While some seek power, others turn away from it. And so it goes that the President of the United States, The Raisin himself, has had enough; this term will be his last. Once again, Logan has overplayed his hand. Waystar’s most powerful ally is walking away from the table. Shiv and everyone may be happy about the deal, but a much-improved Logan knows better. They got the worst end of it, and without a staunch ally in the White House, wrestling Waystar back under his control while also navigating a lengthy investigation isn’t going to get any easier. Logan plays his favorite game of Pit Your Children Against One Another, with Shiv being on the losing end, and Roman receiving the prize of a literal pat on the back. However, Logan reserves the worst of his pettiness for Kendall, whom he invites to a meeting only to leave Kendall sitting nervously in a hotel room all by himself. Once he realizes the move for what it is, he calls Logan, who instructs Kerry to block his number, a move which feels unusually final, letting us know that Kendall now no longer even has the benefit of being acknowledged.
For an episode filled to the brim with the drama that Succession has become known for, my favorite development is the increased focus on the assistants that help keep this circus running. Colin bagging an imaginary dead cat and flitting out of Logan’s sight with it is a great bit of physical comedy delivered by actor Scott Nicholson. Though the biggest laugh of the night for me was seeing Kendall’s assistant, Lisa, whose usual control over her facial expressions fails magnificently upon getting word that the kids’ rabbit is now gravely ill. Actor Juliana Canfield has been operating along the background of each episode with a restrained incredulity that’s consistently funny to watch, but watching her close her eyes and slowly bring her fingertips to her forehead hilariously underscored just how exhausting it is to work for a boss like Kendall Roy. The money may be too good to walk away from, but you can see that working for an insecure poseur is beginning to take its toll on her. I look forward to seeing this play out over the remaining episodes.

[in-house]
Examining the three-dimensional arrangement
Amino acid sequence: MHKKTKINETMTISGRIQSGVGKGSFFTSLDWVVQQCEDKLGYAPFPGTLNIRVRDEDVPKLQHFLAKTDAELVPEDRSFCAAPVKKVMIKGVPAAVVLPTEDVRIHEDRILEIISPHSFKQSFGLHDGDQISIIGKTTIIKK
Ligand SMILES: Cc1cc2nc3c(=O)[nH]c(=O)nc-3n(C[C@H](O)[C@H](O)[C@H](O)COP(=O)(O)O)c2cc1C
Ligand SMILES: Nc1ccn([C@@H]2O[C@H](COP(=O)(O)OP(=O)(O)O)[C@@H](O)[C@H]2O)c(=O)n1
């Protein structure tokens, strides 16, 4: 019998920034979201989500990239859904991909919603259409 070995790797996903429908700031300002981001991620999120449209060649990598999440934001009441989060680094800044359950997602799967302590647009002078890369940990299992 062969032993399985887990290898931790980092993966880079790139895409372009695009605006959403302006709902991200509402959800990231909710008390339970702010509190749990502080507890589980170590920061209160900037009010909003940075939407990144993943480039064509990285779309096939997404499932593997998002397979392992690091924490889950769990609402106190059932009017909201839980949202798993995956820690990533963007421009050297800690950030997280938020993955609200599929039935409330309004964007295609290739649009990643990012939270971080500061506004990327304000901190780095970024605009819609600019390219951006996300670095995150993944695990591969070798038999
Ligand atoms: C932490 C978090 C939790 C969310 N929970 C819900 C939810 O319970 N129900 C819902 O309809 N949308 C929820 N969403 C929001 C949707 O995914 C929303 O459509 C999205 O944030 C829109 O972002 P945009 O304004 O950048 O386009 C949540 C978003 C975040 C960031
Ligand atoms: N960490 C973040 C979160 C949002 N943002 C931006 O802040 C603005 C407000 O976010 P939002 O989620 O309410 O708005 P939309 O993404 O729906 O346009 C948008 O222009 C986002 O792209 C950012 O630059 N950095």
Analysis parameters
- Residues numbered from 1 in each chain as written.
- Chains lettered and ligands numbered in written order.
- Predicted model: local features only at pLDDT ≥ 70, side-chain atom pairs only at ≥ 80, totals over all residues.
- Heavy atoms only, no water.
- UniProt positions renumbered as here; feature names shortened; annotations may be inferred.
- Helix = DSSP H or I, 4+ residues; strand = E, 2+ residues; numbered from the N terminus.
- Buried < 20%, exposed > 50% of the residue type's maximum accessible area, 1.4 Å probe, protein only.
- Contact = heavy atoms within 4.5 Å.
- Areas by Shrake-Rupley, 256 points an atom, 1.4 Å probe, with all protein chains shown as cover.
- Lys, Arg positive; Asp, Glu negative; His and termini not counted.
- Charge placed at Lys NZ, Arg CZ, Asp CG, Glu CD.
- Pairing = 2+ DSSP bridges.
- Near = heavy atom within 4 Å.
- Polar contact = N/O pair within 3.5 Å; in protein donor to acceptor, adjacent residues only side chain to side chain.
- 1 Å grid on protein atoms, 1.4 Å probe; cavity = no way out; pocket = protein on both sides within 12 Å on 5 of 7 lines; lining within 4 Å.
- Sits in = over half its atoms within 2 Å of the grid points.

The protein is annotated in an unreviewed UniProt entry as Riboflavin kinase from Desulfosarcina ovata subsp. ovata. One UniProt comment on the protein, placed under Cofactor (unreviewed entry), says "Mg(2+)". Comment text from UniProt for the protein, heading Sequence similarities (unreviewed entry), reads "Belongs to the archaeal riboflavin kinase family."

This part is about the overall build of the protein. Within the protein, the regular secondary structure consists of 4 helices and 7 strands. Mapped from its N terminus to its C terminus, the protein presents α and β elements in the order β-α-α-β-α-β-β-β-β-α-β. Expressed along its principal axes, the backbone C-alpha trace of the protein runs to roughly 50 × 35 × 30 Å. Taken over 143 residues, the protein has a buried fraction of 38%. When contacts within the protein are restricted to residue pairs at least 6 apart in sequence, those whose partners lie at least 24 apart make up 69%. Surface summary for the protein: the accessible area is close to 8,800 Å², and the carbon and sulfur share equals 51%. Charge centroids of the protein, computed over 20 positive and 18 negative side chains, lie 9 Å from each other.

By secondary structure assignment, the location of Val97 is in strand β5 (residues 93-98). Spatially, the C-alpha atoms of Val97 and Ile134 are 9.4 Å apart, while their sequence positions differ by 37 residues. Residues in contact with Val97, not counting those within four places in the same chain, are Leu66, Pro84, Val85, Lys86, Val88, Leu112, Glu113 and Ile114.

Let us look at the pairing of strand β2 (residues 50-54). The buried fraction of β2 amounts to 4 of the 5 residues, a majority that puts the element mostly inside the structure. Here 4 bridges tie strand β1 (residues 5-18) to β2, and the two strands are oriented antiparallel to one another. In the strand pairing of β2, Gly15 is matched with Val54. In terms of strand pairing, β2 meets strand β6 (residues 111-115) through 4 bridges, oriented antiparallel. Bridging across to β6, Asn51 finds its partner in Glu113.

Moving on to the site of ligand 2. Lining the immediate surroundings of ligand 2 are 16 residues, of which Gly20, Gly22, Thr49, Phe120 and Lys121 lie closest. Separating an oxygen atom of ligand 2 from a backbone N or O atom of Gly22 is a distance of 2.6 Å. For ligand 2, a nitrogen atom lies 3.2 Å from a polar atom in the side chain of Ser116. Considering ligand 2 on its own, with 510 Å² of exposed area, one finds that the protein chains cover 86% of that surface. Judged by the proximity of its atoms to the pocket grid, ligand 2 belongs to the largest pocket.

We’re more than halfway through the season and with the threat of the shareholder meeting behind them, they can now turn their attention to the investigation. The Roys will want to see that come to a resolution as soon as possible, now that the likelihood of a tougher DOJ being brought in by a new White House administration looms large over the horizon. Greg may want to take a look at Tom’s makeshift prison catalog to get an idea of what his future may hold. Just so long as he doesn’t begin to track his partner’s ovulation cycle without their knowledge because yikes. Tom’s desire to fast track children is certainly born of an increased desire to nestle himself further into the Roy clan—hence his small joy at being referred to as “son” by Logan during the bathroom scene, prompting a cautiously optimistic “Anytime…Pop…Papa,” from Tom—and a selfish need to tie Shiv to him during his incarceration, but the fact that it evokes any sympathy whatsoever is a testament to Matthew Macfadyen’s sensational work this season. But if Tom’s gained a parental figure, Kendall’s essentially lost one, even if said figure is a piss-poor parent constantly at war with him. If the Puppet Master thought he was on the outs before, he’s now truly out in the cold. With no more shareholders to please or deals to make, Logan no longer has any need for Kendall whatsoever. Kendall may try to act like his father cutting off all contact has no effect, but it’s a safe bet that any further advancement in the DOJ’s case will come courtesy of Kendall’s channeled rage at this latest insult.
A Moment of Zen With Cousin Greg:
“He’s so annoying.”
The Biggest Lie:
“Yeah well, without family control, I can’t change things, and that’s actually what I’m all about: change.” -Kendall
The Biggest Truth:
“Roman’s a knucklehead. Shiv’s a fake. Kenny’s screwy.” -Connor
Kaleena Rivera is the TV Editor for Pajiba. When she isn’t Googling why bread is bad for rabbits (answer: it’s the starch), she can be found on Twitter here.
Header Image Source: HBO/Warner Media